Using Functional or Structural Magnetic Resonance Images and Personal Characteristic Data to Diagnose ADHD and Autism

  • Author / Creator
  • A clinical tool that can diagnose psychiatric illness using functional or structural magnetic resonance (MR) brain images would greatly assist physicians. Here, we propose a learning algorithm that uses the histogram of oriented gradients (HOG) features of MR brain images, as well as personal characteristic data, as features. We show that this learner can produce effective classifiers when run on two large public datasets. It is able to diagnose ADHD with hold-out accuracy of 0.696 (over baseline = 0.550) using personal characteristics and structural brain scan features when trained on the ADHD-200 global competition dataset and is also able to diagnose autism with hold-out accuracy of 0.650 (over baseline = 0.516) using functional images with personal characteristic data when trained on the Autism Brain Imaging Data Exchange (ABIDE) dataset. We also show that it is possible to diagnose ADHD and autism by using just structural brain images with accuracies of 0.661 and 0.601 respectively. Our imaging-based accuracy on the ADHD-200 dataset is about 8% higher than the best imaging-based accuracy in the ADHD-200 competition. While these results are not yet at the level of clinical relevance, they outperform all previously presented methods on both datasets. To our knowledge, this is the first demonstration of a single automated process being able to produce an effective diagnostic system for two different psychiatric illnesses (ADHD and autism). These results suggest that the learning approach using HOG features as input may produce diagnostic classifiers (from functional and/or structural brain images) that perform well for other psychiatric disorders.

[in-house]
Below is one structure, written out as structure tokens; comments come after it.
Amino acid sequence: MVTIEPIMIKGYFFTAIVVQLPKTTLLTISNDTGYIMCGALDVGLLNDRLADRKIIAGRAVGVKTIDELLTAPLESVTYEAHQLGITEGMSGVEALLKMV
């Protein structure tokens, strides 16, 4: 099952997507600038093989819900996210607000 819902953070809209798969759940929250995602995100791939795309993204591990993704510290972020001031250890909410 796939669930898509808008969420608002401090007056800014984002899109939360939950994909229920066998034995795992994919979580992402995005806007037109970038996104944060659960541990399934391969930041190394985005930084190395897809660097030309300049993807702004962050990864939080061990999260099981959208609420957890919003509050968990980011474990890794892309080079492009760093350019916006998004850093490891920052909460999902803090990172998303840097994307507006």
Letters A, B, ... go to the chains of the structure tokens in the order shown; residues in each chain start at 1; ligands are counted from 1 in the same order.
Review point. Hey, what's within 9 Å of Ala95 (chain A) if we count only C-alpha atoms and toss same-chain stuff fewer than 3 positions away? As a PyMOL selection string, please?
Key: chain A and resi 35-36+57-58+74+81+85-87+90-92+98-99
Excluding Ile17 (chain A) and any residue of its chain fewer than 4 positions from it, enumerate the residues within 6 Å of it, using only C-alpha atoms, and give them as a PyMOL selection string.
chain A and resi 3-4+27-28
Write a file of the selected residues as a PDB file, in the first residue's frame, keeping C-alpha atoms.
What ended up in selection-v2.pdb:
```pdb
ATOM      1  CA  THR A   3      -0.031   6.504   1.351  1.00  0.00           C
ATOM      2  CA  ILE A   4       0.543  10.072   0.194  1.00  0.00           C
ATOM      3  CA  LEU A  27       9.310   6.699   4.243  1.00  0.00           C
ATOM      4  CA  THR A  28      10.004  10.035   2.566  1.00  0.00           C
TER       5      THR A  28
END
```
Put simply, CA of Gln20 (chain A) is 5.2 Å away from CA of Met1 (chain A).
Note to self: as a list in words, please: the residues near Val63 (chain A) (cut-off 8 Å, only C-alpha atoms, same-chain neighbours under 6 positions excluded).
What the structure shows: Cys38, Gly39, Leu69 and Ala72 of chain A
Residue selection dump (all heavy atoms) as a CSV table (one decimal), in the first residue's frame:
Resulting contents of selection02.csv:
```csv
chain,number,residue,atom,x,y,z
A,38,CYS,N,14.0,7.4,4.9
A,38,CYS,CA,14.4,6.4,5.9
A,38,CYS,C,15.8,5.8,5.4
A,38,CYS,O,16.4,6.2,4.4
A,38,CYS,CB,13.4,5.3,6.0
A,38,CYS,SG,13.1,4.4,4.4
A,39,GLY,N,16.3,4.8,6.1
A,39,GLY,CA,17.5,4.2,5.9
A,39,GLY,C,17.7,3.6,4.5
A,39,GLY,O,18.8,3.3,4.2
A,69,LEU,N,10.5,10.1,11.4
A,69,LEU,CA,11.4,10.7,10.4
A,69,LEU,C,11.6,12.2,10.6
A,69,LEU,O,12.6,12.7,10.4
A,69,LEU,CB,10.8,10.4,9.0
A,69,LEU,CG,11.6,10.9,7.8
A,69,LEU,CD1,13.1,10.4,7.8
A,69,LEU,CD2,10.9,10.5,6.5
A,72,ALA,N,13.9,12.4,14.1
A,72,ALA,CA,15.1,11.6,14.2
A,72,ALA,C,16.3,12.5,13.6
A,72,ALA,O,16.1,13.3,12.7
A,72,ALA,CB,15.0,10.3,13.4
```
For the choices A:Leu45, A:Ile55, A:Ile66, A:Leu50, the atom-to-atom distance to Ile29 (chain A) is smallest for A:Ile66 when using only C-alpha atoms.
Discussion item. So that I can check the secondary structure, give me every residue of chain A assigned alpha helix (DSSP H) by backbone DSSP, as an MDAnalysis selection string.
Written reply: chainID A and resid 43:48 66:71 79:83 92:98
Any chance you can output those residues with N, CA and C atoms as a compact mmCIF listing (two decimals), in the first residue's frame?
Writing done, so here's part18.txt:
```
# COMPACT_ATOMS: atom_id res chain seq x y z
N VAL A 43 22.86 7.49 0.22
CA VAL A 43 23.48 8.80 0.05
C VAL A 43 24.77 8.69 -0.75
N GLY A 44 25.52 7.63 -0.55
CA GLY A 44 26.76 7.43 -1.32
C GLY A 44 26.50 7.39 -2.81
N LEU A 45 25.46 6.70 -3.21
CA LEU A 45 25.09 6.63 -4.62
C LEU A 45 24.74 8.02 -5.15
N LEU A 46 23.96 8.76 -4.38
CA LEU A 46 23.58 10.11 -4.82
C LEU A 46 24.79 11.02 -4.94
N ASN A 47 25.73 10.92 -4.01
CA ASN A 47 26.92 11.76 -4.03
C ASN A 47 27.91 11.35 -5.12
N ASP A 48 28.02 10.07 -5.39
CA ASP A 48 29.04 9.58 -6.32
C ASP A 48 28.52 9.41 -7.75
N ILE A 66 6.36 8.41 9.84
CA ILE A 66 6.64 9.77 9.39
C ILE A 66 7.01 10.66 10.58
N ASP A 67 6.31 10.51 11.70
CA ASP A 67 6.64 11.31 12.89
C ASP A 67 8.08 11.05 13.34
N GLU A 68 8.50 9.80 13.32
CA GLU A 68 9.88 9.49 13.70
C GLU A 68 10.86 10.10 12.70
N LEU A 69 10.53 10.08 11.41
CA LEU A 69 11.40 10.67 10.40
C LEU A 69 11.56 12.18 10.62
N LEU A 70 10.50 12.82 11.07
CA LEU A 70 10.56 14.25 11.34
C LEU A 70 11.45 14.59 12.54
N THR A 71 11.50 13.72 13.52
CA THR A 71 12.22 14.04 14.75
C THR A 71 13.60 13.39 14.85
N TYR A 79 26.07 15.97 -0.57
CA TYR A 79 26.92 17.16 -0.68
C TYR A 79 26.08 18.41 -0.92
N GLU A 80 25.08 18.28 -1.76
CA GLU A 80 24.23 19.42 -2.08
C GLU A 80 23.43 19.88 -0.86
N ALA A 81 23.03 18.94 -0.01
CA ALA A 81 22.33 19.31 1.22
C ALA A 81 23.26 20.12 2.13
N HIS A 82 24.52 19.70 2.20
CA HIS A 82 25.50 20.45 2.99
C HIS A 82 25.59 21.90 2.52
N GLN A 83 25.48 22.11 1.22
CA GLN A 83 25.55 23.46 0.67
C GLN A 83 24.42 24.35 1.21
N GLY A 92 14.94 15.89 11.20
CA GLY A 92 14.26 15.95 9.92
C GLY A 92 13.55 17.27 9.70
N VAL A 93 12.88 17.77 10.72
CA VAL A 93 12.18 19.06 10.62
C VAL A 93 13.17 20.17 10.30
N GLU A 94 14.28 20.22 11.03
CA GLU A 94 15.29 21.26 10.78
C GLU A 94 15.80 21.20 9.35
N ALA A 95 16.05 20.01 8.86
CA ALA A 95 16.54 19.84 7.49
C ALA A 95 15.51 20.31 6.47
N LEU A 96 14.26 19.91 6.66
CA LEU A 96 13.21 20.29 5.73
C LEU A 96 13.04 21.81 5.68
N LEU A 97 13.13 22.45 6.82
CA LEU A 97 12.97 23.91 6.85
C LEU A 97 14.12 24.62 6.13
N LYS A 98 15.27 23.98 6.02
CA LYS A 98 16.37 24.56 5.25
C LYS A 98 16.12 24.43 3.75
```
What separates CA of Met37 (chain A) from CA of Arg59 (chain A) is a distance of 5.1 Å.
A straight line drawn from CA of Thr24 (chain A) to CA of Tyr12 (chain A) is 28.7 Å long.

• Subjects / Keywords
  • Graduation date
  • Type of Item
  • Degree
    Master of Science
  • DOI
  • License
    This thesis is made available by the University of Alberta Libraries with permission of the copyright owner solely for non-commercial purposes. This thesis, or any portion thereof, may not otherwise be copied or reproduced without the written consent of the copyright owner, except to the extent permitted by Canadian copyright law.
  • Language
  • Institution
    University of Alberta
  • Degree level
  • Department
    • Department of Computing Science
  • Supervisor / co-supervisor and their department(s)
    • Matthew R. G. Brown (Psychiatry)
    • Russell Greiner (Computing Science)
  • Examining committee members and their departments
    • Pierre Boulanger (Computing Science)
    • Andrew Greenshaw (Psychiatry)
    • Russell Greiner (Computing Science)
    • Matthew R. G. Brown (Psychiatry)